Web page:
With only days to go before the release of Hamiltome (Hamilton: The Revolution if you’re not all up in LMM’s twitter), it feels like time to take a stab at explaining some more Hamilton lyrics before we have all of the answers right in front of us.
If you’re just joining us, you can catch up:
- Hamilton Explained: The Schuyler Sisters
- Hamilton Explained: Ten Dual Commandments
- Hamilton Explained: Cabinet Battle #1 (As Kanye Rant Tweets)
- Hamilton Explained: Appointing A Supreme Court Justice (using Hamilton lyrics to explain the process of nominating and confirming a new SCJ)
Since Guns and Ships has the fastest, hardest-to-catch raps in the whole show, we think it could use a little explicating. As always, please head over to Genius to check out the annotations there, too. We make an effort not to duplicate their comments but there’s obviously gonna be some overlap.
You know how it goes: lyrics are in italics. Our stuff’s in regular fonts. Ready? Everyone give it up for America’s favorite fighting Frenchman!
Guns And Ships
How does a ragtag volunteer army in need of a shower
- You don’t need us to explain that one: here, we are back to the cadence and rhyme pattern of Alexander Hamilton (How does a bastard, orphan son of a whore…). We even land on a similar rhyme (squalor/scholar vs shower/power).
- But let’s go back to LMM’s explanation of the opening number: “the thing about Hamilton is he spoke in paragraphs. So the opening sentence of our show is this crazy, run-on sentence.” [Source] When we’re talking about the war, instead of Hamilton himself, the questions get more concise. After all, Burr didn’t mince words. Talk less, smile more.
- “Ragtag volunteer army” sure does check out. Originally a collection of smaller militias, the Continental Army wasn’t established until a ways into the war. If you remember reading about another European helper, Baron Von Steuben, in high school, the army’s hit-or-miss training and discipline will ring a bell.
- “In need of a shower”: we’ll let General Washington take this one — “Soap is another article in great demand–the Continental allowance is too small, and dear, as every necessary of life is now got, a soldier’s pay will not enable him to purchase, by which means his consequent dirtiness adds not a little to the disease of the Army.” — George Washington, Letter to the Committee of Congress, July 19, 1777 [source]
Somehow defeat a global superpower?
- Global superpower: A fun anachronism (if you’re a history nerd, anyway.) “Superpower” describes nations that mastered the seven dimensions of state power (geography, population, economy, resources, military, diplomacy and national identity), and was first used in the WWII era to apply to the United Kingdom, the U.S. and the Soviet Union. [source] Through the lens of modern international relations, the British Empire was a major superpower during the 18th century – with thriving trade, an advantageous geopolitical position, and a lot of colonies. Some of whom hated them.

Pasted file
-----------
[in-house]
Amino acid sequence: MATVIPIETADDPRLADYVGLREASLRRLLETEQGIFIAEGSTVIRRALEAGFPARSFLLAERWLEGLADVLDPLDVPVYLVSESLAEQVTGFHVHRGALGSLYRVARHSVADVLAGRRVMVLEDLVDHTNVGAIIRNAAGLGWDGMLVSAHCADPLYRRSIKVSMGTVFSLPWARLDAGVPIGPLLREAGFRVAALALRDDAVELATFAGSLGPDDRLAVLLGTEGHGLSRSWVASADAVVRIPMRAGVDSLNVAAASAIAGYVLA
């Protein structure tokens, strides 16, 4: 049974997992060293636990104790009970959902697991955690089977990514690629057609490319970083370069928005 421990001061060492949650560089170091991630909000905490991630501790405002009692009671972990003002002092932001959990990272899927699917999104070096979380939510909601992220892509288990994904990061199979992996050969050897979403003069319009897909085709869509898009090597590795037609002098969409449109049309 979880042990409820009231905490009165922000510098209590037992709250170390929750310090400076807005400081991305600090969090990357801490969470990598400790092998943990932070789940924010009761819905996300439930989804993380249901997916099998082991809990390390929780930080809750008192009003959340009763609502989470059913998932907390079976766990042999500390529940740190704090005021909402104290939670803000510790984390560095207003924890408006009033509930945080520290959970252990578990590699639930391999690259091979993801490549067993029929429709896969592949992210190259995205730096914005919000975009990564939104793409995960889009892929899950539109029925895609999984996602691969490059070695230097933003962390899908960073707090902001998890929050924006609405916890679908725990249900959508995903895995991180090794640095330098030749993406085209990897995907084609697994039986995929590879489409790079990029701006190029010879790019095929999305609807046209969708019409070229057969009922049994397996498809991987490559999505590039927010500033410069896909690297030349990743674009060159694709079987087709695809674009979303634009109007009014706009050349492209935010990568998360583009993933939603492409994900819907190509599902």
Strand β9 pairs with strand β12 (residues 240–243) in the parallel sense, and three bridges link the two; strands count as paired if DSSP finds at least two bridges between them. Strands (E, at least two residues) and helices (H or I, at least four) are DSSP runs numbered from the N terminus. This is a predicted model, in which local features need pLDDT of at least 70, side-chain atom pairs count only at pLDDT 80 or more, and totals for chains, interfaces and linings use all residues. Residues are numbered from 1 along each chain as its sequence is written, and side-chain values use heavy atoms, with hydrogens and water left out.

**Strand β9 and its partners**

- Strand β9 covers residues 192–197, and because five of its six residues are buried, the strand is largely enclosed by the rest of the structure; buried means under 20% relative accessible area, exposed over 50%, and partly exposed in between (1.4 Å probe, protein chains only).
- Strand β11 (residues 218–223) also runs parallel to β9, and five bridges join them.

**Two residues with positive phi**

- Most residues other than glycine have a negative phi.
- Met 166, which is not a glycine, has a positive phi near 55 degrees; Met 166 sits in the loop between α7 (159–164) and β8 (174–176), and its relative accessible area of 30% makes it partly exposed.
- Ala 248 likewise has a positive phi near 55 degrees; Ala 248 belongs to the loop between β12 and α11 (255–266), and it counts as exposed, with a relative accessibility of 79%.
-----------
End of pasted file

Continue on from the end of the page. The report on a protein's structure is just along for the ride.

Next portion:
How do we emerge victorious from the quagmire?
Leave the battlefield waving Betsy Ross’ flag higher?
- So, there’s quagmire – like a gross swamp – and quagmire, like a snafu. But quagmire is also used frequently to describe international conflicts that were caused by muddling where you shouldn’t. [See, e.g.] The “quagmire theory” explains how the U.S. unintentionally got involved in Vietnam, by a series of bad decisions that lead us further and further into the muck as we tried to negotiate several overlapping dilemmas. LMM’s probably using “quagmire” in the “big old mess” sense, but since we’re using other 20th century warfare terms, Burr could also be alluding to the fact that the US (or Britain??) shouldn’t have ended up in this position in the first place.
- Ah, Betsy Ross, heroine of so many third grade history fair dioramas. She sewed, and possibly helped design, the American flag, and has a particularly adorable house in Philadelphia. [source]
- Also also. This is fun:
Yo. Turns out we have a secret weapon!
An immigrant you know and love who’s unafraid to step in!
- Both Hamilton and Lafayette are referred to as immigrants in Act I. Which, on one hand, of course they are. But it’s interesting because it feels almost like we don’t usually refer to anyone as an “immigrant” during the Colonial era. Yet, there were differences between colonists who were born in the (future) U.S.A. and those who came from abroad – even if only in familiarity with the country and its customs. LMM’s goal was to eliminate the distance between the audience and these historical figures, and a part of that is reminding us that then, as now, immigrants could be counted on to get the job done.
He’s constantly confusin’, confoundin’ the British henchmen
- To name a few: Battle of Gloucester (thanks to excellent reconnaissance work, he helped uncover British positions and defeated Cornwallis – oh, and his leg was still busted from the Battle of Brandywine); Albany (he recruited the Oneida and dissuaded America from a poorly conceived attack on Quebec); Battle of Barren Hill (the outnumbered Continental Army had to retreat, so Lafayette had soldiers in the woods periodically fire on the British Army to make the colonists seem more prolific).
Ev’ryone give it up for America’s favorite fighting Frenchman!
- This is true. Lafayette was SUPER POPULAR and beloved. Like, the precursor to the popularity of those French Women Don’t Get Fat and French Kids Eat Their Damn Dinner books that are so trendy now. There’s an entire Wikipedia entry about this time he came back to America to say hey. [source]
I’m takin this horse by the reins makin’
Redcoats redder with bloodstains
- “Horse by the reins” is a popular expression, but maybe was included because artists LOVED to show Lafayette holding onto a pony:
To be fair, it was a popular pose with 18th century military guys. Like Georgian duck-lips.